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California's battery storage capacity grew from about 500 MW in 2020 to 5,000 MW in 2023

As energy markets switch from fossil fuels to intermittent renewable resources, the market has added a growing fleet of battery storage resources to maintain the flexibility and resilience of the power grid.This is especially true in the Western U.S., where states like California, Washington, and Oregon have ambitious decarbonization goals. California is projected to need 79 GW of new renewable generation and around 50 GW of battery storage to meet its 2045 greenhouse gas reduction goals.

According to the latest report from the California Independent System Operator (CAISO), battery storage capacity grew from about 500 MW in 2020 to 5,000 MW in May 2023 in the CAISO balancing area. Over half of this capacity is physically paired with other generation technologies,especially renewables, either sharing a point of interconnection under the co-located model or as a single hybrid resource.

Source: CAISO

Battery storage is the fastest growing type of resource in the CAISO market. As of May 1, 2023, NGR batteries make up 7.6 percent of CAISO’s nameplate capacity. Figure 2.2.3 shows the steady growth in CAISO’s battery capacity compared with other resource types.

Source: CAISO

In addition, the majority of projects waiting to connect to the grid contain a battery component. The CAISO requires projects to undergo a series of impact studies before they can be connected to the grid.The list of projects in this process is known as the “interconnection queue.” On May 1, 2023, the interconnection queue included nearly 127 GW of planned capacity, 46 percent of which comes from batteries. 55 percent of planned new capacity comes from mixed-fuel projects, which collectively include nearly 11 GW of batteries.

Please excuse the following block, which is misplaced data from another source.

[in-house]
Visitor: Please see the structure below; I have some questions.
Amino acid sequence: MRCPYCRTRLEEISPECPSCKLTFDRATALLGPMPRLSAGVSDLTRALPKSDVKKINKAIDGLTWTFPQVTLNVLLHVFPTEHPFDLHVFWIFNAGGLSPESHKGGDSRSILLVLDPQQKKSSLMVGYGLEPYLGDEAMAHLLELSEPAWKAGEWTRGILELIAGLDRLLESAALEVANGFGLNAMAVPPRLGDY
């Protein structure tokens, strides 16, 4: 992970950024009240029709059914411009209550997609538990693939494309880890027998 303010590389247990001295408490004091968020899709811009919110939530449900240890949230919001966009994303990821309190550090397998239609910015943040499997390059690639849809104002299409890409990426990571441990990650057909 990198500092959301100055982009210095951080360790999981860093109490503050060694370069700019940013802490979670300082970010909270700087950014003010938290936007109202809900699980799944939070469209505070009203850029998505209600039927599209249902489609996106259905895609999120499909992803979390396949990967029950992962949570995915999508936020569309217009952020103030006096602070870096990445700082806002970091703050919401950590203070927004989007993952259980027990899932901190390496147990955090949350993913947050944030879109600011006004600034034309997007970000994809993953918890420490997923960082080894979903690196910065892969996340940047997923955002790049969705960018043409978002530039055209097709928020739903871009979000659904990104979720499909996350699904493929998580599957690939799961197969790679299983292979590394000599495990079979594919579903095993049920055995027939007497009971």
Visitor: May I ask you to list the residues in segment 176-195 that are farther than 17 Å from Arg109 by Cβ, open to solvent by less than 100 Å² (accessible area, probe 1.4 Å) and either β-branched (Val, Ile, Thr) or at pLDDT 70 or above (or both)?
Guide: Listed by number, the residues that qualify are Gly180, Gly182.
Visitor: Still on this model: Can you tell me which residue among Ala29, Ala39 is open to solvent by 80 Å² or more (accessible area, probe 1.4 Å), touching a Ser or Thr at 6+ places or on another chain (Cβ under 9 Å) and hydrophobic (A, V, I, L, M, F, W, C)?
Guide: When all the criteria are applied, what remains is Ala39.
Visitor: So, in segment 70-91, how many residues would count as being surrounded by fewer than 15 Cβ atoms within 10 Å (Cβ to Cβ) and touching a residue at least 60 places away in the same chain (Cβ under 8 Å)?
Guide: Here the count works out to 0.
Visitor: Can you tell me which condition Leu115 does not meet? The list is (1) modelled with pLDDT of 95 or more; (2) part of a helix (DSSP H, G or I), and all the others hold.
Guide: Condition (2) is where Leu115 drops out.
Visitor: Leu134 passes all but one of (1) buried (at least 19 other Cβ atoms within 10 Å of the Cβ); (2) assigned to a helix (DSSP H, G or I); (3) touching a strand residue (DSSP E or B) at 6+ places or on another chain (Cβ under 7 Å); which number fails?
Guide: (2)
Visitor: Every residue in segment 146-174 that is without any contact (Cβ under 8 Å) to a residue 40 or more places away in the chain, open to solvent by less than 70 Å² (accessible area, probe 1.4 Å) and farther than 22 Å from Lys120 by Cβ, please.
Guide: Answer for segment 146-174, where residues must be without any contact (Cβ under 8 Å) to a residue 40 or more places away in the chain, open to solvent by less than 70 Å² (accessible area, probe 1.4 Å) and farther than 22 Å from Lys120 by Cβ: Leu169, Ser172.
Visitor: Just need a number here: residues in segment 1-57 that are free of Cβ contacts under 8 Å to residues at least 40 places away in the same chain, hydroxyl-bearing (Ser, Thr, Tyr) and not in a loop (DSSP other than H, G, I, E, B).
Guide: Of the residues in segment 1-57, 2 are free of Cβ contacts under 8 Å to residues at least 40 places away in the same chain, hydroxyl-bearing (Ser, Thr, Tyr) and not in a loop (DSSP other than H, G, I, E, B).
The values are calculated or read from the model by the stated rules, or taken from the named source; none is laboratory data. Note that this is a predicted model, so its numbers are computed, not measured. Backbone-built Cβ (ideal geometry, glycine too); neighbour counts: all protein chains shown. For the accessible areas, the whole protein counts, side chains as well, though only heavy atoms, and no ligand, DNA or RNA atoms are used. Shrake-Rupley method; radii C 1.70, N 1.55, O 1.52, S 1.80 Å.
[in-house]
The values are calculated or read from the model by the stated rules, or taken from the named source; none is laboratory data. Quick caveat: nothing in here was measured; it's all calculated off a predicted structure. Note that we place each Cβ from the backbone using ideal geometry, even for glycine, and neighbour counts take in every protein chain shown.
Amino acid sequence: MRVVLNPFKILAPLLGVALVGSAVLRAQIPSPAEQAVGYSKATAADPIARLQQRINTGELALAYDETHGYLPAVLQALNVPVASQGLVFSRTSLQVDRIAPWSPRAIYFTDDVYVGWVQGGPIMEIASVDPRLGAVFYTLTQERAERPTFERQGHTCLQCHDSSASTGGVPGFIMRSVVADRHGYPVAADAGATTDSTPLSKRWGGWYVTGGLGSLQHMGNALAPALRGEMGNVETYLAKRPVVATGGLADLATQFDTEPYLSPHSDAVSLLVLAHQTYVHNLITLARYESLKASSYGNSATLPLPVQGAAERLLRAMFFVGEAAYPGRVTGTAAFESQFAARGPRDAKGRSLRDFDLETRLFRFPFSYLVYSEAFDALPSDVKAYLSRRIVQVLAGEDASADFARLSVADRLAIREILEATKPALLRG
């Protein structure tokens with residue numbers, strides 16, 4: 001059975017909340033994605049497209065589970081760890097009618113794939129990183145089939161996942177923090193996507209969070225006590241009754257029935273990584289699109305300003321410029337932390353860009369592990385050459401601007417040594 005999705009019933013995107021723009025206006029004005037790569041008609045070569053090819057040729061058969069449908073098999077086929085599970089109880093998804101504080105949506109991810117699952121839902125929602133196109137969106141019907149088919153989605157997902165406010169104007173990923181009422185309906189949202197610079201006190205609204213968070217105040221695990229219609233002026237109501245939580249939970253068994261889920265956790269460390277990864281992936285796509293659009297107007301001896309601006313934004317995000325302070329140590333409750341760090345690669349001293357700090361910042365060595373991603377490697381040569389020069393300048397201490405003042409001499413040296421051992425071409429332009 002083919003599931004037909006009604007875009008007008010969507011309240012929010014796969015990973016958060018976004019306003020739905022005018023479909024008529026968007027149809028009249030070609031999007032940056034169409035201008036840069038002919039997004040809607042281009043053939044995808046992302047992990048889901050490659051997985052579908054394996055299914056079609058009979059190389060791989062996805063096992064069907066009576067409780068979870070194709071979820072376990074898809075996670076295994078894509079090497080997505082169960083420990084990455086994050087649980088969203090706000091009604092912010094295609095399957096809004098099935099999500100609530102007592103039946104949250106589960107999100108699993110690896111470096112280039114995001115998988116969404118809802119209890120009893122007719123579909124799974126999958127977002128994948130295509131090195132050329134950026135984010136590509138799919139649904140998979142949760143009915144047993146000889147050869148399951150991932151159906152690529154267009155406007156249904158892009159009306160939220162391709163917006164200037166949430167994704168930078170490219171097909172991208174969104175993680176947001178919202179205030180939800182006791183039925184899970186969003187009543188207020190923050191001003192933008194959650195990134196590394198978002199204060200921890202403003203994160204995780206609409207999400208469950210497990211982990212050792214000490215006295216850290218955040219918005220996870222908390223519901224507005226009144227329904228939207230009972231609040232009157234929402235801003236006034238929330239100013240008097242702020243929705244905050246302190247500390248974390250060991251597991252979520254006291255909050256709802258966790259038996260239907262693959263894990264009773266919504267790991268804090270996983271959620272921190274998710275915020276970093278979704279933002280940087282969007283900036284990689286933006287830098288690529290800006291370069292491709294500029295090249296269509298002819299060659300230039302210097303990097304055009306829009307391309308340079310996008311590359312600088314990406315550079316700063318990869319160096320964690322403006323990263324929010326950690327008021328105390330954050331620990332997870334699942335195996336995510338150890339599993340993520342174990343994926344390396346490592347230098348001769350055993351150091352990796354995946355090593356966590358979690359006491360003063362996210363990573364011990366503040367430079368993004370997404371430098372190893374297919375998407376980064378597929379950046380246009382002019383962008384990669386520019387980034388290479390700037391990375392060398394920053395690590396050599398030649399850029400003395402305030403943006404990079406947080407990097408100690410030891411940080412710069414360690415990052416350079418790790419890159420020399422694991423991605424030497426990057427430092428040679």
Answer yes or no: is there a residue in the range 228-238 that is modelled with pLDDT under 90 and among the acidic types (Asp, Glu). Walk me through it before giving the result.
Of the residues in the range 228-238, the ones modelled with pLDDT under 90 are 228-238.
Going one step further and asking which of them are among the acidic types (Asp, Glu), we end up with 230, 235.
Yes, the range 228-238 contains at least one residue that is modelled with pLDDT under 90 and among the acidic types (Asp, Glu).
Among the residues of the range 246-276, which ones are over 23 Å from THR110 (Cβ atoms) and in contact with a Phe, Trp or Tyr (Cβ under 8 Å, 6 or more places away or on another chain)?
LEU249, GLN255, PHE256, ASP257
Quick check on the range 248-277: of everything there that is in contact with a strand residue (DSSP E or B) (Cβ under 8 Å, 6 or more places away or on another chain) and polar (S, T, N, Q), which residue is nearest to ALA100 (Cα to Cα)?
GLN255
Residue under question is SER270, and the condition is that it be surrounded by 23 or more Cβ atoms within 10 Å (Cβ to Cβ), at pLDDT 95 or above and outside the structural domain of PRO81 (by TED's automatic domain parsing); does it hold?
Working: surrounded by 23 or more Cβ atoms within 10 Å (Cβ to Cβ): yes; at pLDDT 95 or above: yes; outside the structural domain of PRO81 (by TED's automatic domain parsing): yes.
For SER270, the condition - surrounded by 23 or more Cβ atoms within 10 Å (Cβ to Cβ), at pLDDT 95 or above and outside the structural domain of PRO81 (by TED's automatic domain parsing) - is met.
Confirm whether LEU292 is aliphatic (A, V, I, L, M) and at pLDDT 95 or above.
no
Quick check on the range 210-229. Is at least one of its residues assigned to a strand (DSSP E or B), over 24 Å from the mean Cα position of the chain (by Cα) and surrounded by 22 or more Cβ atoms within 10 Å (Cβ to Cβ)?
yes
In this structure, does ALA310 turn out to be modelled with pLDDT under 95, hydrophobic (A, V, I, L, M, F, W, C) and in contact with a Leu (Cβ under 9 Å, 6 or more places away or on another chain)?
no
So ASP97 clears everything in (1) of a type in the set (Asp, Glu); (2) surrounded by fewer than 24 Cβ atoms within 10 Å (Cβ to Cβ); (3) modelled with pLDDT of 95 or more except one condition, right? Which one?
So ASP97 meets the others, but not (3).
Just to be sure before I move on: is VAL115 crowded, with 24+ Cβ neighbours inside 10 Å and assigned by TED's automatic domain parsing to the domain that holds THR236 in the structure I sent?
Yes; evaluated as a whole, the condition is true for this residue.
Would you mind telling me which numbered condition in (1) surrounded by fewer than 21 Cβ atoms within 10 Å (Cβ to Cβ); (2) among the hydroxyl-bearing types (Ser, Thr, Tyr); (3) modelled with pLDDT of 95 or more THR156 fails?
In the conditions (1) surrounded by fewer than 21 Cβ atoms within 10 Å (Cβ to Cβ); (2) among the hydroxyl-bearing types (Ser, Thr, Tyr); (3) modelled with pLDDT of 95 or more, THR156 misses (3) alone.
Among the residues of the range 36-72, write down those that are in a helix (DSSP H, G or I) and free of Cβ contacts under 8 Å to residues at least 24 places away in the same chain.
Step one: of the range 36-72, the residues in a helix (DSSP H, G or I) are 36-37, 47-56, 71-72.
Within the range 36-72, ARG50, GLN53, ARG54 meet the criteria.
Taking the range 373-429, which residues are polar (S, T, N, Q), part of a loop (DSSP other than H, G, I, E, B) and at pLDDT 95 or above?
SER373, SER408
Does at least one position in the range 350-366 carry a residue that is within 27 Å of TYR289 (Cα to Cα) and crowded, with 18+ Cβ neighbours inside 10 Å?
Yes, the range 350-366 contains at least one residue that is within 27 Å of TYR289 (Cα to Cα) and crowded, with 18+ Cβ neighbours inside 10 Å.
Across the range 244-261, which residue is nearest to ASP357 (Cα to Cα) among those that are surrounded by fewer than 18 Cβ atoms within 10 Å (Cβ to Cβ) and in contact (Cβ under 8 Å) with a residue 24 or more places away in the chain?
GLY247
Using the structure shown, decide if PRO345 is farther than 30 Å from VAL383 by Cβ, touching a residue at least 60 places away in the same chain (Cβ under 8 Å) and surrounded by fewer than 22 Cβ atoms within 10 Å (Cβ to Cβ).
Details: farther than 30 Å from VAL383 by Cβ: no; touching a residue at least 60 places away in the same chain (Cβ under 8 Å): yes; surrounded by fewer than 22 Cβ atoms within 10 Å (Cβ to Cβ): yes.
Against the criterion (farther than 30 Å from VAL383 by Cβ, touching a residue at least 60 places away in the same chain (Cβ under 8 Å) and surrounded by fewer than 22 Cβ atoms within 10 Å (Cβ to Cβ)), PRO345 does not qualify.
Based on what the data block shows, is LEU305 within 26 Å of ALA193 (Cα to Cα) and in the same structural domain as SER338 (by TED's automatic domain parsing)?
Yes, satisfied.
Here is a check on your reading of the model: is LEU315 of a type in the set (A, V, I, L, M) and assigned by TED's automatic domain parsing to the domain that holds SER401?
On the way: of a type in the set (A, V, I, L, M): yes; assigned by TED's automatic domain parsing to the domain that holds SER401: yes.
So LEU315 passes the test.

Net market revenue for batteries increased from about $73/kW-yr in 2021 to $103/kW-yr in 2022. This increase was driven largely by higher peak energy prices. In addition, in 2022 the average charging (buying) price was 96 $/MWh lower than the average node price, while the average discharging (selling) price was 155 $/MWh higher than the node price, thus batteries achieved an average margin of 251 $/MWh.

Batteries now provide over half of CAISO’s regulation up and regulation down requirements. However, the percentage of total battery storage capacity being scheduled for ancillary services has decreased as batteries have transitioned to providing more energy during the net peak hours.

Batteries now account for a significant portion of load during peak solar hours. From hours-ending 10 to 13 in 2022, battery charging represented nearly 5 percent of load. During these hours, batteries help reduce the need to curtail or export surplus solar energy at very low prices.


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